"It is quite thrilling for me to meet someone who knows even less about cooking than I do - especially when she is publishing her very own cookery book. The Duchess of Devonshire - for it is she - actually begins her Chatsworth Cookery Book with the words 'I haven't cooked since the war'. She says she would have liked to make that the title, but the publishers wouldn't agree. Her friend, the hairdresser in Chesterfield, told her that her writing a cookery book was 'a bit rich!' but of course it will be - being by the Duchess, it will sell like hot cakes."
There is a recipe in the book for Oeufs Mollet which the Duchess, when pressed, chooses as her personal favourite. It is a dish she was "brought up on". (Her mother, Lady Readesdale, was an avid cook and an early health food advocate, and this was one of her mother's standards.) The dish is very simple, poached eggs with fried capers and parsley, basically, but here is what Her Grace has to say about it:
"Well it's soft, you know.' What? 'Like a hard-boiled egg only soft, and you take the shell off - quite tricky sometimes. I don't think you or I could do it! And then you put butter and fried capers." Ah, bless. Is it really possible that an 80-something year old woman, who raises prize chickens and has dined in all the best houses of the world, whose own house is one of the best in the world, and who went to the Cordon Bleu (admittedly sixty years ago) does not recognise and know the term for a poached egg?
By the way, I stole the above title from the Observer review.
But even though the Duchess got most of these recipes from her cook or in some cases, her friends' cooks or the cooks for her wildly successful farm shop at Chatsworth, I think this is a good cookbook for those who like really posh food (that would be me too, reverse snob though I am) or for those who just like reading about really posh food (also me.)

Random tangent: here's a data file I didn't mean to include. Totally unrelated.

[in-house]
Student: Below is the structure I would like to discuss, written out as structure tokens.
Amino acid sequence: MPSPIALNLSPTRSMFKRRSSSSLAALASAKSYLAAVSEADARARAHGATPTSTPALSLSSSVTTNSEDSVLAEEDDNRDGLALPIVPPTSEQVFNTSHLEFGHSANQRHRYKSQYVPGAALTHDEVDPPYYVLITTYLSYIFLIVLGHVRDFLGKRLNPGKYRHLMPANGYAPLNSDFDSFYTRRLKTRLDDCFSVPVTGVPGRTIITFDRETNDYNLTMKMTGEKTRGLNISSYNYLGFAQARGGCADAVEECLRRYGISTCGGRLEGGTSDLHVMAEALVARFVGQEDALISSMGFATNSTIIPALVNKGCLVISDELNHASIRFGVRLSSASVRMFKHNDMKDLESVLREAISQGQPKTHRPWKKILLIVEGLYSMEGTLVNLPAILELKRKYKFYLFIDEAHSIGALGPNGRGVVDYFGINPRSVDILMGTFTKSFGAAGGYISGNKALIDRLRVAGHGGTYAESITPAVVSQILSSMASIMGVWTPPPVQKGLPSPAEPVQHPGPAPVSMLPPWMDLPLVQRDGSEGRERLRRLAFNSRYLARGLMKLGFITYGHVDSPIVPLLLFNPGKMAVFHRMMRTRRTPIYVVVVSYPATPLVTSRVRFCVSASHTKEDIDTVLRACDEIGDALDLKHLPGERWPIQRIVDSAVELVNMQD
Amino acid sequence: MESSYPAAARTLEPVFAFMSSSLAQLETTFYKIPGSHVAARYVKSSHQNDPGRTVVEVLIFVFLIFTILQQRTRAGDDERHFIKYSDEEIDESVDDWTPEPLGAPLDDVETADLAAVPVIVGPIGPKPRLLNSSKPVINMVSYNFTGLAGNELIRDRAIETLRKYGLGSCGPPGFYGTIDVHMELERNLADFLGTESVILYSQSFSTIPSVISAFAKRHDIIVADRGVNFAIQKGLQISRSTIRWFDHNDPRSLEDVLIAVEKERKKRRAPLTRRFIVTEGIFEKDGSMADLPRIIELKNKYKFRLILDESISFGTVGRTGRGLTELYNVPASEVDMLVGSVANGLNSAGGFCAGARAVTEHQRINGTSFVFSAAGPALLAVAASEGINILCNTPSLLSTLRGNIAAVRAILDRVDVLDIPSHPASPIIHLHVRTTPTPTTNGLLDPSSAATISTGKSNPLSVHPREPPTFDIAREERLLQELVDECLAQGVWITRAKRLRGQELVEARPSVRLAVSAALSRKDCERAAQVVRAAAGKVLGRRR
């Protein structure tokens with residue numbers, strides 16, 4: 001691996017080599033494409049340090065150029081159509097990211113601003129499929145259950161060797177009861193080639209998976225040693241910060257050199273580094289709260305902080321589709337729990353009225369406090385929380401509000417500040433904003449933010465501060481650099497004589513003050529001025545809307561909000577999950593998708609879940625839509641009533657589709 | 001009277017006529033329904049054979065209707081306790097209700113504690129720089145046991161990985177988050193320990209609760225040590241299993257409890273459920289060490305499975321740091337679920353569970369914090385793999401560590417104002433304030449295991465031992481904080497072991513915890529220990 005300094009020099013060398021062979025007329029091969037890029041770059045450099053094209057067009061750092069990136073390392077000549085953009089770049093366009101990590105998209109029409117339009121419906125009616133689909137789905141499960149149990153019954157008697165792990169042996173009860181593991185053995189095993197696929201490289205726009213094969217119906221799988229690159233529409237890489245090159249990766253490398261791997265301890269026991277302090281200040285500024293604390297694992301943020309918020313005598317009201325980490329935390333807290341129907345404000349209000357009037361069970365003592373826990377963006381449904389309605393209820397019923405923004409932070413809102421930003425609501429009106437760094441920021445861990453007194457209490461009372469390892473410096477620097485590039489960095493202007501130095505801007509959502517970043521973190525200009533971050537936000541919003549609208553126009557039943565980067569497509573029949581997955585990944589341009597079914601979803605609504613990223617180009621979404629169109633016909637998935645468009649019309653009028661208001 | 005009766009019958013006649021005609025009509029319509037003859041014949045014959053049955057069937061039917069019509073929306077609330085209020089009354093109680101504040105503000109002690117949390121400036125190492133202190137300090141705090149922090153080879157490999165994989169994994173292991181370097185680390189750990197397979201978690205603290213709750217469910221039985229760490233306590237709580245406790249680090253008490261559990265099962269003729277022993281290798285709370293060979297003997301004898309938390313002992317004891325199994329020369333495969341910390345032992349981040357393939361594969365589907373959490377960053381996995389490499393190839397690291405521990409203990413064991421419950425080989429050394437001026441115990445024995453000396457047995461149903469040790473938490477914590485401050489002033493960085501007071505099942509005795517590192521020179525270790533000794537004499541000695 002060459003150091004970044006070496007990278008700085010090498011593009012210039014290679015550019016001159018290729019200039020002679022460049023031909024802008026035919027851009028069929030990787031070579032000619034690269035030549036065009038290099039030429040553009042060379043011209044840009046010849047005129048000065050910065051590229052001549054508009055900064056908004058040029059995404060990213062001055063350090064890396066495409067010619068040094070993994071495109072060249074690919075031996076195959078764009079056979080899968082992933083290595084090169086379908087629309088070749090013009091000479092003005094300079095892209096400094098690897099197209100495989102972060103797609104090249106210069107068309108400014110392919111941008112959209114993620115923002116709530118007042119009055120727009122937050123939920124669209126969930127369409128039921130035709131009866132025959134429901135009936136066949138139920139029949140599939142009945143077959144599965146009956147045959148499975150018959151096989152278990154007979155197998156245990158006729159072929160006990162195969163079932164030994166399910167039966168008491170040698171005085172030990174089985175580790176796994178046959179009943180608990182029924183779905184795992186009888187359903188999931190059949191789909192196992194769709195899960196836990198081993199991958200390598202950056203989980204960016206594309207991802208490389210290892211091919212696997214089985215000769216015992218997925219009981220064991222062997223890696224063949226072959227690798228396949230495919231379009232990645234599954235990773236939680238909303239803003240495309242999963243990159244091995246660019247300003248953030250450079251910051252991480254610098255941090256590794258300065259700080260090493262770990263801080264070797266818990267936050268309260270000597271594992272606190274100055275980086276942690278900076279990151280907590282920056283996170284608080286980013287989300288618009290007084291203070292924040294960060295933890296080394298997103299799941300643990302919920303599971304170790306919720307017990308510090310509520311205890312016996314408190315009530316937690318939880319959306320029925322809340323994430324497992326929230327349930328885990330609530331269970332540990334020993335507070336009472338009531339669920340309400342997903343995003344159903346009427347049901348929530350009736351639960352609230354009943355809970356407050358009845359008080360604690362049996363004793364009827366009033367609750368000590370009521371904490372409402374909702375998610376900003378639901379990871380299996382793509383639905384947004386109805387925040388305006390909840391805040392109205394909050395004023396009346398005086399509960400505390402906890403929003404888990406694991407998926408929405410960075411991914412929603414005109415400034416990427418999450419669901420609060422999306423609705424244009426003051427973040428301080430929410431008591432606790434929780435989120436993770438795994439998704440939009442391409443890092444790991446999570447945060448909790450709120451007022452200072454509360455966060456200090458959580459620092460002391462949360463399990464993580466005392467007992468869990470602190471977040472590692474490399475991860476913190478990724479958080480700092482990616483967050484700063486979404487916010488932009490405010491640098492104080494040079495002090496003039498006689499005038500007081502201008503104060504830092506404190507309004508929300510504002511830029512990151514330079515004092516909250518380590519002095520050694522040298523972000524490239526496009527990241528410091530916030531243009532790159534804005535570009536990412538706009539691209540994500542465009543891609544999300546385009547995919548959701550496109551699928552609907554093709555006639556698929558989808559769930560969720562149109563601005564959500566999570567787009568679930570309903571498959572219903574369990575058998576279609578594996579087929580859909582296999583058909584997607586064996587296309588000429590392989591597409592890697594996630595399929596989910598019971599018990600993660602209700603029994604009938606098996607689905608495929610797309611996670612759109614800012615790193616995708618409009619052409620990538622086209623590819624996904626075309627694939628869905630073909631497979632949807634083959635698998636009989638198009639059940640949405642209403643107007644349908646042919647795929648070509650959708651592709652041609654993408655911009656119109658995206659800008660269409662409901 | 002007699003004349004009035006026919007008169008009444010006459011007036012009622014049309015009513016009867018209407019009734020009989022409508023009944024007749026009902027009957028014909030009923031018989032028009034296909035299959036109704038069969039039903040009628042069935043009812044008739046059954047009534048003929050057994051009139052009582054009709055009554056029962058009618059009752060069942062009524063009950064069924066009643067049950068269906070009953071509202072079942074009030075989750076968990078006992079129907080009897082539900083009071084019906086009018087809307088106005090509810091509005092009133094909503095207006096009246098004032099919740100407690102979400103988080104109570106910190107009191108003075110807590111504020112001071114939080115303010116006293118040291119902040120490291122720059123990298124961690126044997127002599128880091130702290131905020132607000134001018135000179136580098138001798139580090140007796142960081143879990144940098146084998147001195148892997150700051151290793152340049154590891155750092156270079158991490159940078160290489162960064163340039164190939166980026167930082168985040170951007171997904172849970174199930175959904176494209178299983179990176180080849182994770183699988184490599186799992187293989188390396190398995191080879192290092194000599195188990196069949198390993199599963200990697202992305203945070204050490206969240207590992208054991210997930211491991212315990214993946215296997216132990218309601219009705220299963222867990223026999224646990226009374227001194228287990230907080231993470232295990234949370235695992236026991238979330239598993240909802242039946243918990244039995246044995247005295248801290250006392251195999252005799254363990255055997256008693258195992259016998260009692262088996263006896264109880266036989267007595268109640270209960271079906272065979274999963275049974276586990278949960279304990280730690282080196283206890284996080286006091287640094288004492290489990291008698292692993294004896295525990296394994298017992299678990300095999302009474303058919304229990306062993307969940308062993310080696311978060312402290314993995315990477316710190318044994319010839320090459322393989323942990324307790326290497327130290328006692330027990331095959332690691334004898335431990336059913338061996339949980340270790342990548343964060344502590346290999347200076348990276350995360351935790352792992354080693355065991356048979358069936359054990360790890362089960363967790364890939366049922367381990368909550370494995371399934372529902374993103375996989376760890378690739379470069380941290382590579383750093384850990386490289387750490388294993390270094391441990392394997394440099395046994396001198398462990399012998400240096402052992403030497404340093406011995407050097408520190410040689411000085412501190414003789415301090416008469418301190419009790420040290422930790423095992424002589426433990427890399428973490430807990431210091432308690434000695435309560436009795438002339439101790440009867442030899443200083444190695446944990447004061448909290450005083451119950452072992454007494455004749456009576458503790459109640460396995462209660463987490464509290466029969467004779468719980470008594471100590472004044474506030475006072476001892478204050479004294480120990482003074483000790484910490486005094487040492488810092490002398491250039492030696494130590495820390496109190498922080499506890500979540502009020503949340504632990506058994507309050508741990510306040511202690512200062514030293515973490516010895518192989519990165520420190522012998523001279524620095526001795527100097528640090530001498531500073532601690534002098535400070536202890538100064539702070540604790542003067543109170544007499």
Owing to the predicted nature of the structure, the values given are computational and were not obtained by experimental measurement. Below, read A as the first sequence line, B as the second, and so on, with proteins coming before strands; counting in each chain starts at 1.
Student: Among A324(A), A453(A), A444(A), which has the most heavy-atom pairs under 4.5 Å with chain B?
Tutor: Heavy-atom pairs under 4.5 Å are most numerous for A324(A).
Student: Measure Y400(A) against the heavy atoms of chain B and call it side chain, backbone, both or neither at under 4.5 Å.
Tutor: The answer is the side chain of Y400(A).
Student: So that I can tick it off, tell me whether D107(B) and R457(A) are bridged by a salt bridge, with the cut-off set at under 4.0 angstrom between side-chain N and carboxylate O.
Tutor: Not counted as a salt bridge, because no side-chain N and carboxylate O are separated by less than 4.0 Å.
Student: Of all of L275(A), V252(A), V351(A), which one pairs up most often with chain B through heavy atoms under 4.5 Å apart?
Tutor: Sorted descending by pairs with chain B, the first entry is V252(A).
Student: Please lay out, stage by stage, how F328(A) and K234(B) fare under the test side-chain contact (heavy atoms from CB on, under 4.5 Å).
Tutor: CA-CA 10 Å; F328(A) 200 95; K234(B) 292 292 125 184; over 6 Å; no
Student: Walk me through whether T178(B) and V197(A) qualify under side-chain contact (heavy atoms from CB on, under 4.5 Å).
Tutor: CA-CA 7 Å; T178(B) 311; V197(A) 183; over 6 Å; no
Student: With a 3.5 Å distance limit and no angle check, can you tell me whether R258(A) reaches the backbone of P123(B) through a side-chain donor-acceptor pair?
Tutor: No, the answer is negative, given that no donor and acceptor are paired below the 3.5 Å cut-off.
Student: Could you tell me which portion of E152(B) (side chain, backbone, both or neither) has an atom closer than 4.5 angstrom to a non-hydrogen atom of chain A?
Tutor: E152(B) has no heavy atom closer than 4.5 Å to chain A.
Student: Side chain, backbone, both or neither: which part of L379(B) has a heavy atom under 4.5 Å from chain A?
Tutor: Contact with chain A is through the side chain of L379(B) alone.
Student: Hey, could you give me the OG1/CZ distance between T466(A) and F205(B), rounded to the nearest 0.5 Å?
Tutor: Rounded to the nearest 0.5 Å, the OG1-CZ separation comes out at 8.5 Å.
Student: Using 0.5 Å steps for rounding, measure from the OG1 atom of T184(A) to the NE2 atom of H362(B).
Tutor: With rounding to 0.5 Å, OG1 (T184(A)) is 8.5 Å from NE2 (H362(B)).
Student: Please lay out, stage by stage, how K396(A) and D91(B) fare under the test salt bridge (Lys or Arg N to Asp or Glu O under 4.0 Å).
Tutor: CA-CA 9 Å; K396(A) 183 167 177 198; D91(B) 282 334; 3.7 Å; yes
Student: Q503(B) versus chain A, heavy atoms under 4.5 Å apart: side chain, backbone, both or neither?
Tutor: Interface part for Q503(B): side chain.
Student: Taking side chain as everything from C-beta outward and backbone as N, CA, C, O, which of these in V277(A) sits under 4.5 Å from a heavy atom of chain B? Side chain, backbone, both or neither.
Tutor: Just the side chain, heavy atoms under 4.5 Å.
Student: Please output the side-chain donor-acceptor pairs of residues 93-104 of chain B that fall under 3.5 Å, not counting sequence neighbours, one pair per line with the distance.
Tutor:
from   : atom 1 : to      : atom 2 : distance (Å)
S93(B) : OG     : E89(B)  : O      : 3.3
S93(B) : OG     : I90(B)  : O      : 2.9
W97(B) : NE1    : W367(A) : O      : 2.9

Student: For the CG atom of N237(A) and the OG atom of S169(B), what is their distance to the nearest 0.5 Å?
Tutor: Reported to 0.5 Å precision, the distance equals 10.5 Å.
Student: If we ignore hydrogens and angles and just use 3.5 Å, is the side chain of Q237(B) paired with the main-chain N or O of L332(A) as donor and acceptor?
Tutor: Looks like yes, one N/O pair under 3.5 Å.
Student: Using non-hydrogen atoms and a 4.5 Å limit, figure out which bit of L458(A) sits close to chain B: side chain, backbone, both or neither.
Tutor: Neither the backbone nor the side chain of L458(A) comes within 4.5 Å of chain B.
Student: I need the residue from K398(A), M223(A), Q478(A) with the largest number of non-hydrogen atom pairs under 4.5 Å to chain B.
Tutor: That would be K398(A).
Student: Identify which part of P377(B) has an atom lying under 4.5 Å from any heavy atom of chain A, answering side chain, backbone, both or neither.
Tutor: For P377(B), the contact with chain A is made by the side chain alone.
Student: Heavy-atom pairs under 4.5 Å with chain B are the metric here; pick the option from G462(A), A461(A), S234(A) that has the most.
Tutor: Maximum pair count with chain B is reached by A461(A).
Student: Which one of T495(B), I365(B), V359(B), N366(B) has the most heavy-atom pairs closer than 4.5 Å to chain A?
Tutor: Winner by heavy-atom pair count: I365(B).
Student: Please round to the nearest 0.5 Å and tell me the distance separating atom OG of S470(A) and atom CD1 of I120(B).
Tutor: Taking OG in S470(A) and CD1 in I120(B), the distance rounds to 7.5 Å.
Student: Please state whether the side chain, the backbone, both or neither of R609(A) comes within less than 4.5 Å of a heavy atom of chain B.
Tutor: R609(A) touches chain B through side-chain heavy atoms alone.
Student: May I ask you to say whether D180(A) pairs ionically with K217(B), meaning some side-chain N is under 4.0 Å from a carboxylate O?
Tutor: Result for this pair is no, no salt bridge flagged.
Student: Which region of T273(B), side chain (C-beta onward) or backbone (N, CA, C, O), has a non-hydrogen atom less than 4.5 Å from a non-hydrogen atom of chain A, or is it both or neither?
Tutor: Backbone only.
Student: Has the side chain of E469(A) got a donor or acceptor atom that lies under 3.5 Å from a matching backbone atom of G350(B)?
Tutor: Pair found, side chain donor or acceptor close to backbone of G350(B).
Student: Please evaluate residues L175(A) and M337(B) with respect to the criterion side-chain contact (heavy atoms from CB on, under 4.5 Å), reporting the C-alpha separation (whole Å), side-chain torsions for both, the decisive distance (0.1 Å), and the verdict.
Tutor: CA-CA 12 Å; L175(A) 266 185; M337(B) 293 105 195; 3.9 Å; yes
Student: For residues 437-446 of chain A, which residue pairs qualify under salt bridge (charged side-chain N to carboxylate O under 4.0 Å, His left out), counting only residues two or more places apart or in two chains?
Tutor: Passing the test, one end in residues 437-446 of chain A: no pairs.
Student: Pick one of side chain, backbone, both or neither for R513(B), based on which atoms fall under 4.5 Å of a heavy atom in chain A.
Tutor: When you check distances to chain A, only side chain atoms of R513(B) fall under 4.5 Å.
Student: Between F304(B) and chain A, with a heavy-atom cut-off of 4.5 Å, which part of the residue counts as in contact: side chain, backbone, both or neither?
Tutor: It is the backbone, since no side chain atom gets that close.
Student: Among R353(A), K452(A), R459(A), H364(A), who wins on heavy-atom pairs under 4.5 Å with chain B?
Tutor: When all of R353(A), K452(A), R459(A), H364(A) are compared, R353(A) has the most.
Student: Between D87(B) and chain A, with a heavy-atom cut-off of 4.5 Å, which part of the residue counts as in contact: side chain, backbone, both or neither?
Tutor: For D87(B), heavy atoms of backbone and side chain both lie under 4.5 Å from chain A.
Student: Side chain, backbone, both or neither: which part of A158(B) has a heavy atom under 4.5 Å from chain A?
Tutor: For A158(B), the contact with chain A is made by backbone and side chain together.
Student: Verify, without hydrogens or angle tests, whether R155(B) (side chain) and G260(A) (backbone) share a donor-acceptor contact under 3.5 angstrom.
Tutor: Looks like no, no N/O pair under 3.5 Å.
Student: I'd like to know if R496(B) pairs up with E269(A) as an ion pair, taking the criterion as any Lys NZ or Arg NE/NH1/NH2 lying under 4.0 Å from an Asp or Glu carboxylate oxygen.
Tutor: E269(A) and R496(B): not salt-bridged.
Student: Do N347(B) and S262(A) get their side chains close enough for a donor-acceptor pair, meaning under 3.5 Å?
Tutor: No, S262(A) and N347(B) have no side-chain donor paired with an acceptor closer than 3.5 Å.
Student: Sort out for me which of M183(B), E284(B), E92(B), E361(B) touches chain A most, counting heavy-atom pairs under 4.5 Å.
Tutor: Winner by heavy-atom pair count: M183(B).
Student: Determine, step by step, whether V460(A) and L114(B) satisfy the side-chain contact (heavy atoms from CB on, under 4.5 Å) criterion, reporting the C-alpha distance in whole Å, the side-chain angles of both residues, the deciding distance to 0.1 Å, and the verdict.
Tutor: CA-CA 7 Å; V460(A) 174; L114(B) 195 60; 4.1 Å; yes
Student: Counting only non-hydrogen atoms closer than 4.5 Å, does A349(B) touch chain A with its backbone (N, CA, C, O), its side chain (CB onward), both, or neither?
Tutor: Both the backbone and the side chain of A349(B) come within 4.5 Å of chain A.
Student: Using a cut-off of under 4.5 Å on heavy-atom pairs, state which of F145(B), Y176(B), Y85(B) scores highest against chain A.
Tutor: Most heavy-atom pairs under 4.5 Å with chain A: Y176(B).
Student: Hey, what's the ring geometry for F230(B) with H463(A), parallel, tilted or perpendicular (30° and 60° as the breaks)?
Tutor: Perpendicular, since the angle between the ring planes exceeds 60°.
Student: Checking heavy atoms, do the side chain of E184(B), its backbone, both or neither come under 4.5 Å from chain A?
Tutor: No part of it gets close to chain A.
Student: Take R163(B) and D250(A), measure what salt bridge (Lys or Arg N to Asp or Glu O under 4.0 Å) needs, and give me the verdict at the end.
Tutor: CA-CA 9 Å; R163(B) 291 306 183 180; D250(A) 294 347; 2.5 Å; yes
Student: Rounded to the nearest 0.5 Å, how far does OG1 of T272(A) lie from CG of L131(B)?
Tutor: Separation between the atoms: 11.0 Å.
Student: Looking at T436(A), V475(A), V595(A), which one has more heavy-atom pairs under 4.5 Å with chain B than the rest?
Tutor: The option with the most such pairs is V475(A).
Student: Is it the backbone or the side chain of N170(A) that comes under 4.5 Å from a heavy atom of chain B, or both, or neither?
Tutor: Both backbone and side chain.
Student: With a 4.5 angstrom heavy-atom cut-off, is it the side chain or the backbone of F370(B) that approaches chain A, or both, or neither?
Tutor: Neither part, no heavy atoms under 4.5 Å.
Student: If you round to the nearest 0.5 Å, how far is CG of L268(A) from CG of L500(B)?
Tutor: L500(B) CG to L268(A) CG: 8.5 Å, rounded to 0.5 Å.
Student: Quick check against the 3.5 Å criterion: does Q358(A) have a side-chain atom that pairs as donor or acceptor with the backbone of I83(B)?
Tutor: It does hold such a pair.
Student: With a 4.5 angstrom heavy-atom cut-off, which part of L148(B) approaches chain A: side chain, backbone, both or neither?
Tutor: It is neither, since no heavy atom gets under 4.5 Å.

Bringing Out the Dead, by Joe Connelly

Let me make it clear that this is not a movie review; in fact, I haven't seen the movie. (Well, I hadn't when I wrote this review back in 2003, but I did see it about seven years later on TV.) But I did picture it in my head as a movie (with Nicholas Cage, indeed) all the time I was reading it. In fact, this is an almost autobiographical novel, and the author, from his picture on the back, looks enough like Nicholas Cage to make it all plausible. The writing is in some ways very cinematographic, but I doubt that quite all the inner action - the fantasies, hallucinations, bizarre metaphors for the way the first-person narrator/protagonist was feeling - would have been portrayed in the film.
I found this book to be like the bastard son of The Crying of Lot 49 (the mother) and Naked Lunch (the father). Which is high praise, coming from me. Yet the romantic in me, the old-fashioned romantic who shouldn't like Burroughs and Pynchon as much as I do, wanted Frank to get the girl. And I almost didn't care which girl, whether it was Mona (recently departed wife) or Mary (ex-junkie daughter of the man who takes the whole book to die from a heart-attack) or even Rose (deceased asthma patient who haunts Frank's night-shift days.) But, you know, he didn't. Or maybe he did.